If we learned anything about Barack Obama in his first term it is that when he starts repeating the same idea over and over, what’s on his mind is something else.
The first term’s over-and-over subject was “the wealthiest 1%.” Past some point, people wondered why he kept beating these half-dead horses. After the election, we knew. It was to propagandize the targeted voting base that would provide his 4% popular-vote margin of victory — very young voters and minorities. They believed. He won.
The second-term over-and-over, elevated in his summer speech tour, is the shafting of the middle class. But the real purpose here isn’t the speeches’ parboiled proposals. It is what he says the shafting of the middle class is forcing him to do. It is forcing him to “act”—to undertake an unprecedented exercise of presidential power in domestic policy-making. ObamaCare was legislated. In the second term, new law will come from him.
Please don’t complain later that you didn’t see it coming. As always, Mr. Obama states publicly what his intentions are. He is doing that now. Toward the end of his speech last week in Jacksonville, Fla., he said: “So where I can act on my own, I’m going to act on my own. I won’t wait for Congress.” (Applause.)
The July 24 speech at Knox College in Galesburg, Ill., has at least four references to his intent to act on his own authority, as he interprets it: “That means whatever executive authority I have to help the middle class, I’ll use it.” (Applause.) And: “We’re going to do everything we can, wherever we can, with or without Congress.”
Every president since George Washington has felt frustration with the American system’s impediments to change. This president is done with Congress.
The political left, historically inclined by ideological belief to public policy that is imposed rather than legislated, will support Mr. Obama’s expansion of authority. The rest of us should not.
The U.S. has a system of checks and balances. Mr. Obama is rebalancing the system toward a national-leader model that is alien to the American tradition.
To create public support for so much unilateral authority, Mr. Obama needs to lessen support for the other two branches of government—Congress and the judiciary. He is doing that.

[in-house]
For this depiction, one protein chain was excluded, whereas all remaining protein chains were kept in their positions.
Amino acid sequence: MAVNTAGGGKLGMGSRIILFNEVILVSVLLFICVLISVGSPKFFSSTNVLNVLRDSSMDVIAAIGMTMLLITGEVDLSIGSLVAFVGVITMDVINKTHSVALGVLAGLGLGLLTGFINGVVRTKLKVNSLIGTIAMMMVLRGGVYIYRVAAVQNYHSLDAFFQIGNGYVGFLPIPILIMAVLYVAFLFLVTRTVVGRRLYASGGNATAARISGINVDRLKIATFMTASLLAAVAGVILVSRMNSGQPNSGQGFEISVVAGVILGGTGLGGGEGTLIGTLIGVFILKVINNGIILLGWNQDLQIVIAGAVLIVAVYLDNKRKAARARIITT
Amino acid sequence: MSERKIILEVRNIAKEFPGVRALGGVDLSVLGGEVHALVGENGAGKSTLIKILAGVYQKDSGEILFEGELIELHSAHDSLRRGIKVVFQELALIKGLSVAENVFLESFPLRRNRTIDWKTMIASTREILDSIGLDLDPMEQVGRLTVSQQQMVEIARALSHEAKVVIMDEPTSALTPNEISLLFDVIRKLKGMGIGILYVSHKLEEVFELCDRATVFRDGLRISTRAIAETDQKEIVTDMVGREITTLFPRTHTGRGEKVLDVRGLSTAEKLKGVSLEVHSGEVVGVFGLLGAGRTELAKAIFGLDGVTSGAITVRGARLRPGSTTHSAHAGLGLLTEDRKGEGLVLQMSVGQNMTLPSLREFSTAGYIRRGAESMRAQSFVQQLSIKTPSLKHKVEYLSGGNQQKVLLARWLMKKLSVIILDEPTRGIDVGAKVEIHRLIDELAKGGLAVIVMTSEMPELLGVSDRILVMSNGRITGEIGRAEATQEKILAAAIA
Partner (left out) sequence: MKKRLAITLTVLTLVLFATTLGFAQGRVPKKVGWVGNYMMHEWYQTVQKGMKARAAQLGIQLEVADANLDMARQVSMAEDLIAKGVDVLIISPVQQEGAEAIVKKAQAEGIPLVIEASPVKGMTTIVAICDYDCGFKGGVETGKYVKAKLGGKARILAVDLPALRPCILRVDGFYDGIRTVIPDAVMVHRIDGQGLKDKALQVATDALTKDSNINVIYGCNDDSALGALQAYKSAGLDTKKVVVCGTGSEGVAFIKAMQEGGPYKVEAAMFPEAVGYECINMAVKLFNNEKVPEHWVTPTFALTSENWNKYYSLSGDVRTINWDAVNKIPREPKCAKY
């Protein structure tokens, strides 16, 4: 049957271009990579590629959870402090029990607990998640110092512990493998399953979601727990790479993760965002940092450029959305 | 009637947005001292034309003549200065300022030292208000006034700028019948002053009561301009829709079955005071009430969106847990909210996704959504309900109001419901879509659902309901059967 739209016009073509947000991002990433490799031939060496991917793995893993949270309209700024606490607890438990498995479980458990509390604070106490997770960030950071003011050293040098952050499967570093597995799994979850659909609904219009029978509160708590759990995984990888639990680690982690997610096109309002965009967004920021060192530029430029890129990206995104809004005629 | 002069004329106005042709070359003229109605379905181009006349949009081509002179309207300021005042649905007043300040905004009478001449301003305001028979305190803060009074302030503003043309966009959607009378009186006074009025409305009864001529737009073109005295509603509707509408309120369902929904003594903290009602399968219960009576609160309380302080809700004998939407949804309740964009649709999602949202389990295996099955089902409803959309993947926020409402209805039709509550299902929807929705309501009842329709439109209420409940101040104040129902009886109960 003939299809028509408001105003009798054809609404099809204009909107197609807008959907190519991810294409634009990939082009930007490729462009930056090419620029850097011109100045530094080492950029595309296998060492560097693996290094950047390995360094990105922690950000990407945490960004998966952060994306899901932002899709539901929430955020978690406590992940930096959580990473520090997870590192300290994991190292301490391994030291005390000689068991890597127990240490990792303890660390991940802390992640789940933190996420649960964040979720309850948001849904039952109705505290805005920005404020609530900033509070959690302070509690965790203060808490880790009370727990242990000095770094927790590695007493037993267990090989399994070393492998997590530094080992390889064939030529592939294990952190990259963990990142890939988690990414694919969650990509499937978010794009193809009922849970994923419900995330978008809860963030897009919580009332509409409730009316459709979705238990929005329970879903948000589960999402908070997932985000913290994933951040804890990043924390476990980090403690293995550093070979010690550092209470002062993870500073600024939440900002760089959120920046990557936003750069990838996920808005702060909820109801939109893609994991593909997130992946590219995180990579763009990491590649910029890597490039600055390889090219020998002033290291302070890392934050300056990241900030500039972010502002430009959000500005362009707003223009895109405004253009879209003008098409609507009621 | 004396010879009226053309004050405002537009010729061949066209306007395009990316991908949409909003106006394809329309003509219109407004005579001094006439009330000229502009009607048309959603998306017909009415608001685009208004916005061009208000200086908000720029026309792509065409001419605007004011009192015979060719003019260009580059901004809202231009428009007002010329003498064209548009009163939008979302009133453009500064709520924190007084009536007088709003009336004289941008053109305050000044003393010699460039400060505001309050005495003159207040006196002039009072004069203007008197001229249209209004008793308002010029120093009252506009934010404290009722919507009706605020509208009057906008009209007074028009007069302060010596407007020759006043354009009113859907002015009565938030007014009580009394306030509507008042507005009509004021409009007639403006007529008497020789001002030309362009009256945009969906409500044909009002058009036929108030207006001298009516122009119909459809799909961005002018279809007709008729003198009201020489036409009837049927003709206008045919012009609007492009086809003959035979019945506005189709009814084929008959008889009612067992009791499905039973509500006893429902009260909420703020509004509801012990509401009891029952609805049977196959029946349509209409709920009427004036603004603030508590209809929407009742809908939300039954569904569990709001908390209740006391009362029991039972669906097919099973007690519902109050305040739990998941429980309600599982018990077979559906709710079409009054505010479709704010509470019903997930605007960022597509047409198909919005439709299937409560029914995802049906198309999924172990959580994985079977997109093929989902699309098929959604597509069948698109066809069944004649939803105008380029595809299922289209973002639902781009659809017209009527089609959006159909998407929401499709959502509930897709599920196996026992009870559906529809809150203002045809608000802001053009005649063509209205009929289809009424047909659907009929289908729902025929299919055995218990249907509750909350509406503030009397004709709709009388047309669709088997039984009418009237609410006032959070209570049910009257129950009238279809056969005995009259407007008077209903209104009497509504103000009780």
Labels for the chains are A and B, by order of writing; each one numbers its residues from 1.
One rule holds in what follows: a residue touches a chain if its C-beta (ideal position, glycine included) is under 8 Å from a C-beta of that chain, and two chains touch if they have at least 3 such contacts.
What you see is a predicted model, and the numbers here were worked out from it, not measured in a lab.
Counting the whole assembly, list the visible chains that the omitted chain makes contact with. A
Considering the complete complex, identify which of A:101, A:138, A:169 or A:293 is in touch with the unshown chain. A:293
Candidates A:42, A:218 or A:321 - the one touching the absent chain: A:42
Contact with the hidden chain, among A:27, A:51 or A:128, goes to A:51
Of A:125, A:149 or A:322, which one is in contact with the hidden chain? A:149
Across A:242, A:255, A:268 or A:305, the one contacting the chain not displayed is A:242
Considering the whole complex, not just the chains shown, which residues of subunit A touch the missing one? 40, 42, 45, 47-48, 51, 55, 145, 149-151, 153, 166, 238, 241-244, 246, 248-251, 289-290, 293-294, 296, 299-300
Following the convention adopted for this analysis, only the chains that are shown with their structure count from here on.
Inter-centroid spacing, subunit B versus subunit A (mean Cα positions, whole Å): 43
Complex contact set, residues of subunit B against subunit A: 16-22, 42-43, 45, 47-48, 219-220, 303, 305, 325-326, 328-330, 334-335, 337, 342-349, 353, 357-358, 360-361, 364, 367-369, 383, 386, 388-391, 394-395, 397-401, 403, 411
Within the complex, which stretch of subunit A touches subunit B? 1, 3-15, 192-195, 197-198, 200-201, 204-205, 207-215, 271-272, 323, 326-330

Mr. Obama and his supporters in the punditocracy are defending this escalation by arguing that Congress is “gridlocked.” But don’t overstate that low congressional approval rating. This is the one branch that represents the views of all Americans. It’s gridlocked because voters are.
Take a closer look at the Galesburg and Jacksonville speeches. Mr. Obama doesn’t merely criticize Congress. He mocks it repeatedly. Washington “ignored” problems. It “made things worse.” It “manufactures” crises and “phony scandals.” He is persuading his audiences to set Congress aside and let him act.
So too the judiciary. During his 2010 State of the Union speech, Mr. Obama denounced the Supreme Court Justices in front of him. The National Labor Relations Board has continued to issue orders despite two federal court rulings forbidding it to do so. Attorney General Eric Holder says he will use a different section of the Voting Rights Act to impose requirements on Southern states that the Supreme Court ruled illegal. Mr. Obama’s repeated flouting of the judiciary and its decisions are undermining its institutional authority, as intended.
The three administration nominees enabled by the Senate’s filibuster deal—Richard Cordray at the Consumer Financial Protection Bureau, Thomas Perez at the Labor Department and EPA Administrator Gina McCarthy—open a vast swath of American life to executive authority on steroids. There won’t be enough hours in the day for Mr. Obama to “act on my own.”
In a recent Journal op-ed, “Obama Suspends the Law,” former federal judge Michael McConnell noted there are few means to stop a president who decides he is not obligated to execute laws as passed by Congress. So there’s little reason to doubt we’ll see more Obamaesque dismissals of established law, as with ObamaCare’s employer mandate. Mr. Obama is pushing in a direction that has the potential for a political crisis.
A principled opposition would speak out. Barack Obama is right that he isn’t running again. But the Democratic Party is. Their Republican opponents should force the party’s incumbents to defend the president’s creeping authoritarianism.
If Democratic Senate incumbents or candidates from Louisiana, Alaska, Missouri, Arkansas, North Carolina, Montana and Iowa think voters should accede to a new American system in which a president forces laws into place as his prerogative rather than first passing them through Congress, they should be made to say so.
And to be sure, the other purpose of the shafted middle-class tour is to demolish the GOP’s standing with independent voters and take back the House in 2014. If that happens—and absent a more public, aggressive Republican voice it may—an unchecked, unbalanced presidential system will finally arrive.
A final quotation on America’s system of government: “To ensure that no person or group would amass too much power, the founders established a government in which the powers to create, implement, and adjudicate laws were separated. Each branch of government is balanced by powers in the other two coequal branches.” Source: The White House website of President Barack Obama.
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Daniel Henninger is Deputy Editorial Page Director of the Wall Street Journal.